Property in Walton County on a bayou on the eastern end of Choctawhatchee Bay — a site first considered in 2011 when Pensacola officials practically begged FWC to stay here — seems a more likely choice for Plan B.
“The Fort Walton property is already in government ownership,” McRae says.
In other words, one less obstacle to deal with.
“The credits have already been assigned” to the hatchery, Kirschenfeld says. “If the hatchery doesn’t go here, Fort Walton is champing at the bit. They want it badly.”
Both Wilkins and Kirschenfeld say Bruce Beach is an appropriate location for the facility, which will include research opportunities that could benefit this community well into the future.
The Fish and Wildlife Institute does all manner of marine science research, from habitat restoration on seagrass to work with shorebirds, sea turtles, manatees and dolphin.
“It is a full fledged research institute that (the Pensacola site) would be a satellite of,” Kirschenfeld says.
Wilkins says the Institute’s involvement adds flexibility in terms of the educational development of the site. They could do research, for example, that couples with high schools, undergraduates or graduate students, Wilkins says.
“In terms of a community asset, I think it really grows,” Wilkins says. “Let’s think about it more than five years down the road.”
McRae is committed to helping make whatever research possibilities the local university community wants to see happen.
“We intend to develop research programs beyond the hatchery elements whenever opportunity allows throughout the life of the facility,” McRae says. “We can bring whatever other research the local partners are interested in engaging in as long as we meet our hatchery obligations.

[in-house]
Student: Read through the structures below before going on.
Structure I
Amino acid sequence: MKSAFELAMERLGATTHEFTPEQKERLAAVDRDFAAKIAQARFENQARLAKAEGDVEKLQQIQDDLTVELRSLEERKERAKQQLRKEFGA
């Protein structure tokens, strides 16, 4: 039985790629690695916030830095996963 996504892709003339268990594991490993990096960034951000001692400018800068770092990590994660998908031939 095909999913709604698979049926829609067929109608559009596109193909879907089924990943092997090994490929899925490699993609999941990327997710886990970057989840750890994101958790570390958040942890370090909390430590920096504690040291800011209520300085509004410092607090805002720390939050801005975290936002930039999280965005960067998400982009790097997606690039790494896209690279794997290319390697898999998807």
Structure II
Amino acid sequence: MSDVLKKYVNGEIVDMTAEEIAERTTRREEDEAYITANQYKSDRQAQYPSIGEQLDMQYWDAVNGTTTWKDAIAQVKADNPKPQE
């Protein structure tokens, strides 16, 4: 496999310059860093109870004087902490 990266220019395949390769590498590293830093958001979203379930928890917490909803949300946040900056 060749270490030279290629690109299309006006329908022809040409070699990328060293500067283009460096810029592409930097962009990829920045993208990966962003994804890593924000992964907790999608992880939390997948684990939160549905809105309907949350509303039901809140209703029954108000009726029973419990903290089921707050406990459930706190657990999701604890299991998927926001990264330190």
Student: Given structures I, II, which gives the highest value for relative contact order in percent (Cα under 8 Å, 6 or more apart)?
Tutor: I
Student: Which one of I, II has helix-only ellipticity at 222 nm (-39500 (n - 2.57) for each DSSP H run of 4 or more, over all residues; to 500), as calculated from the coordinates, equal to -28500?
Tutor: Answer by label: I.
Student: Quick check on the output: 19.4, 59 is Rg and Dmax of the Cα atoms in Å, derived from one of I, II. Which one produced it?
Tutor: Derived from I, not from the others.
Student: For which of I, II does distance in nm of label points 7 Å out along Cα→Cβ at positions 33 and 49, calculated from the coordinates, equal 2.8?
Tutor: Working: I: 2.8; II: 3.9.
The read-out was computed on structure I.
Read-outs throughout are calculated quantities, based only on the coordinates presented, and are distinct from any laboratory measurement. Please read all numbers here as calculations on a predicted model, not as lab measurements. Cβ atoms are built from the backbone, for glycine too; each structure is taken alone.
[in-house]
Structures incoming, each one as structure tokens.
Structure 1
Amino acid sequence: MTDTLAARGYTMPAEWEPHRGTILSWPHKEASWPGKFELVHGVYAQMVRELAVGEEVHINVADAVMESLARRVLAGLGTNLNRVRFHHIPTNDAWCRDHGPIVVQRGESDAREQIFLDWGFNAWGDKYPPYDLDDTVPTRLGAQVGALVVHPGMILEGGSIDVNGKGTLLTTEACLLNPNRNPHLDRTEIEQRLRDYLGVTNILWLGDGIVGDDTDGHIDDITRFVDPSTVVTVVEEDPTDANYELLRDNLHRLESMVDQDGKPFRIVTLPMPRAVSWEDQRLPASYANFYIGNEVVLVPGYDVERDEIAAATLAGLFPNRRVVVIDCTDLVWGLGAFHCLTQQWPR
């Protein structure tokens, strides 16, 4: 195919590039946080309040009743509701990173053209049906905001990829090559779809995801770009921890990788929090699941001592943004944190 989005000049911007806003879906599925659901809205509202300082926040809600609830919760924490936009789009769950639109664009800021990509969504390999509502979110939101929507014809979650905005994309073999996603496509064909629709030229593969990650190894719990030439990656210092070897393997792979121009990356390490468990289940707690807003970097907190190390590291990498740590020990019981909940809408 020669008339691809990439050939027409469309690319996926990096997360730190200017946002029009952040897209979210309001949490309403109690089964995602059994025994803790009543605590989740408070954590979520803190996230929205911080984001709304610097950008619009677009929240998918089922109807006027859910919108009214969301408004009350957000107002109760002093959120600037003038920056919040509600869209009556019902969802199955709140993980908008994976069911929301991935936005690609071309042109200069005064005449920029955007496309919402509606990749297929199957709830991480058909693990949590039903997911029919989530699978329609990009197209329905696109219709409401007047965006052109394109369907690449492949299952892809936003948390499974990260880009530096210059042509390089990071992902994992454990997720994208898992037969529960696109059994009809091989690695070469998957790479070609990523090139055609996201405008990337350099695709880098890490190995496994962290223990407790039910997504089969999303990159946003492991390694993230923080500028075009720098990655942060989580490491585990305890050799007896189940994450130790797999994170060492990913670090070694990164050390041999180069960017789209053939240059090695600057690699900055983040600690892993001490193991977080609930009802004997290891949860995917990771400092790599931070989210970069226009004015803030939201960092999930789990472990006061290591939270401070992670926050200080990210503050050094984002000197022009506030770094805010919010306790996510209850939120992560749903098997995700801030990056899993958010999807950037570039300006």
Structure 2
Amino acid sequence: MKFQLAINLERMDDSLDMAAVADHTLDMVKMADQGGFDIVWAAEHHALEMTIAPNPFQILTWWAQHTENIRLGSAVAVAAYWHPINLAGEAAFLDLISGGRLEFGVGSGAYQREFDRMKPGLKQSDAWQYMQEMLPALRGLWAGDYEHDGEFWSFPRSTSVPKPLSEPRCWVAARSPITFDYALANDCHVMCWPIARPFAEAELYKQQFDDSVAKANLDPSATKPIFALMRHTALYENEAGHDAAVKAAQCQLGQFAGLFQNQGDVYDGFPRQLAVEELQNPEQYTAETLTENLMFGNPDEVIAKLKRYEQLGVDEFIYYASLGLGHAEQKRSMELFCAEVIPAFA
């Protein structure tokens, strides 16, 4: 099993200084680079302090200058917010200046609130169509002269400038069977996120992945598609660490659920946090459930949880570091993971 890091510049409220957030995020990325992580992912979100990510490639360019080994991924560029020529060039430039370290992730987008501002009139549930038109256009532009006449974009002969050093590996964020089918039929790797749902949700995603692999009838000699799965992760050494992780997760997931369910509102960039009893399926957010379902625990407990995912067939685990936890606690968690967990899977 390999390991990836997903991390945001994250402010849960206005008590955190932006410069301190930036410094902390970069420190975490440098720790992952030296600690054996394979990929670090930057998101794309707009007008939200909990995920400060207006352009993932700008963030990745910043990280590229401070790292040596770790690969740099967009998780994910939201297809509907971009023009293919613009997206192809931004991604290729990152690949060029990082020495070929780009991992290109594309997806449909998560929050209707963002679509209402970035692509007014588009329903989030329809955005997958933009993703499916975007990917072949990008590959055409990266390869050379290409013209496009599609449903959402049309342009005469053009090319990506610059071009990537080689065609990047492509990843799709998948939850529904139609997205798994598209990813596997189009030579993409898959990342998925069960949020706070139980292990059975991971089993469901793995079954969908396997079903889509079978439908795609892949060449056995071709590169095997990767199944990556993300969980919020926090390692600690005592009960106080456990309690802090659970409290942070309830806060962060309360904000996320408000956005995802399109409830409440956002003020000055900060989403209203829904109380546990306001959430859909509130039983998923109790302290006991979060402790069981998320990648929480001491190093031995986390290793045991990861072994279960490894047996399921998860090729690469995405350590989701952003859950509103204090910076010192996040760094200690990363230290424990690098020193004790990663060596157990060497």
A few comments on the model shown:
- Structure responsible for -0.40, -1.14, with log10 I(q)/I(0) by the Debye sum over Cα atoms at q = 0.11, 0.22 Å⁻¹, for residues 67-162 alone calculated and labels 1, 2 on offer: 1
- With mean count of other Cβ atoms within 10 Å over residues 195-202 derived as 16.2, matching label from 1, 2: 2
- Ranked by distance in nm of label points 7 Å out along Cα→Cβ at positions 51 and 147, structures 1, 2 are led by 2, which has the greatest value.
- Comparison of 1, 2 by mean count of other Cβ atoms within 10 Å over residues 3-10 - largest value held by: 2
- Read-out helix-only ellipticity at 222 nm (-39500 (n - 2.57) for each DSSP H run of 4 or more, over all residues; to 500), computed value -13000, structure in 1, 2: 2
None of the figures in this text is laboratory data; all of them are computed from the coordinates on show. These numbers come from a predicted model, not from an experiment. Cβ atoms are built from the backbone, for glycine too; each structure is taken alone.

“That’s why we’ve talked with UWF, and they are interested in water quality and habitat work and having their students get hands-on experience. You also have the EPA lab in Gulf Breeze that does contaminant-related work. The general theme is we’re open to collaborative research.”
There is precedence for the way the Institute’s presence in an area can grow its intellectual footprint. McRae cites the growth of the Marine Research Institute at Jacksonville University as such an example.
Creating a footprint for the Institute in Pensacola through the hatchery could see it morph into the kind of place that people like Kirschenfeld, whose family stopped to visit sea turtle and dolphin research centers during a South Florida vacation, would visit.
People “will pass right by this on their way from the beach to the National Naval Aviation Museum,” he says.
It could become an investment that could grow this community’s intellectual power and reputation.
It could be an investment based on something other than extracting our natural resources or how well we can wait tables, clean hotel rooms or make retail sales.
Or it could become another what-if in the long line of prospects we dawdled, dithered and bickered over until it went elsewhere.
“It’s going to be built, but what a wonderful gift for the city of Pensacola, for UWF and PSC, for our schools and our students if people can look past five year to year six and seven, it could be anything that we want it to be,” Kirschenfeld says. “Gil McRae is that kind of person. Having him in charge of this facility, he is going to take suggestions from the county and city and UWF faculty as far as what they want it to become.”
Shannon Nickinson is editor of www.progresspromise.com in Pensacola. Follow her on Twitter @snickinson. Her column appears courtesy of Context Florida.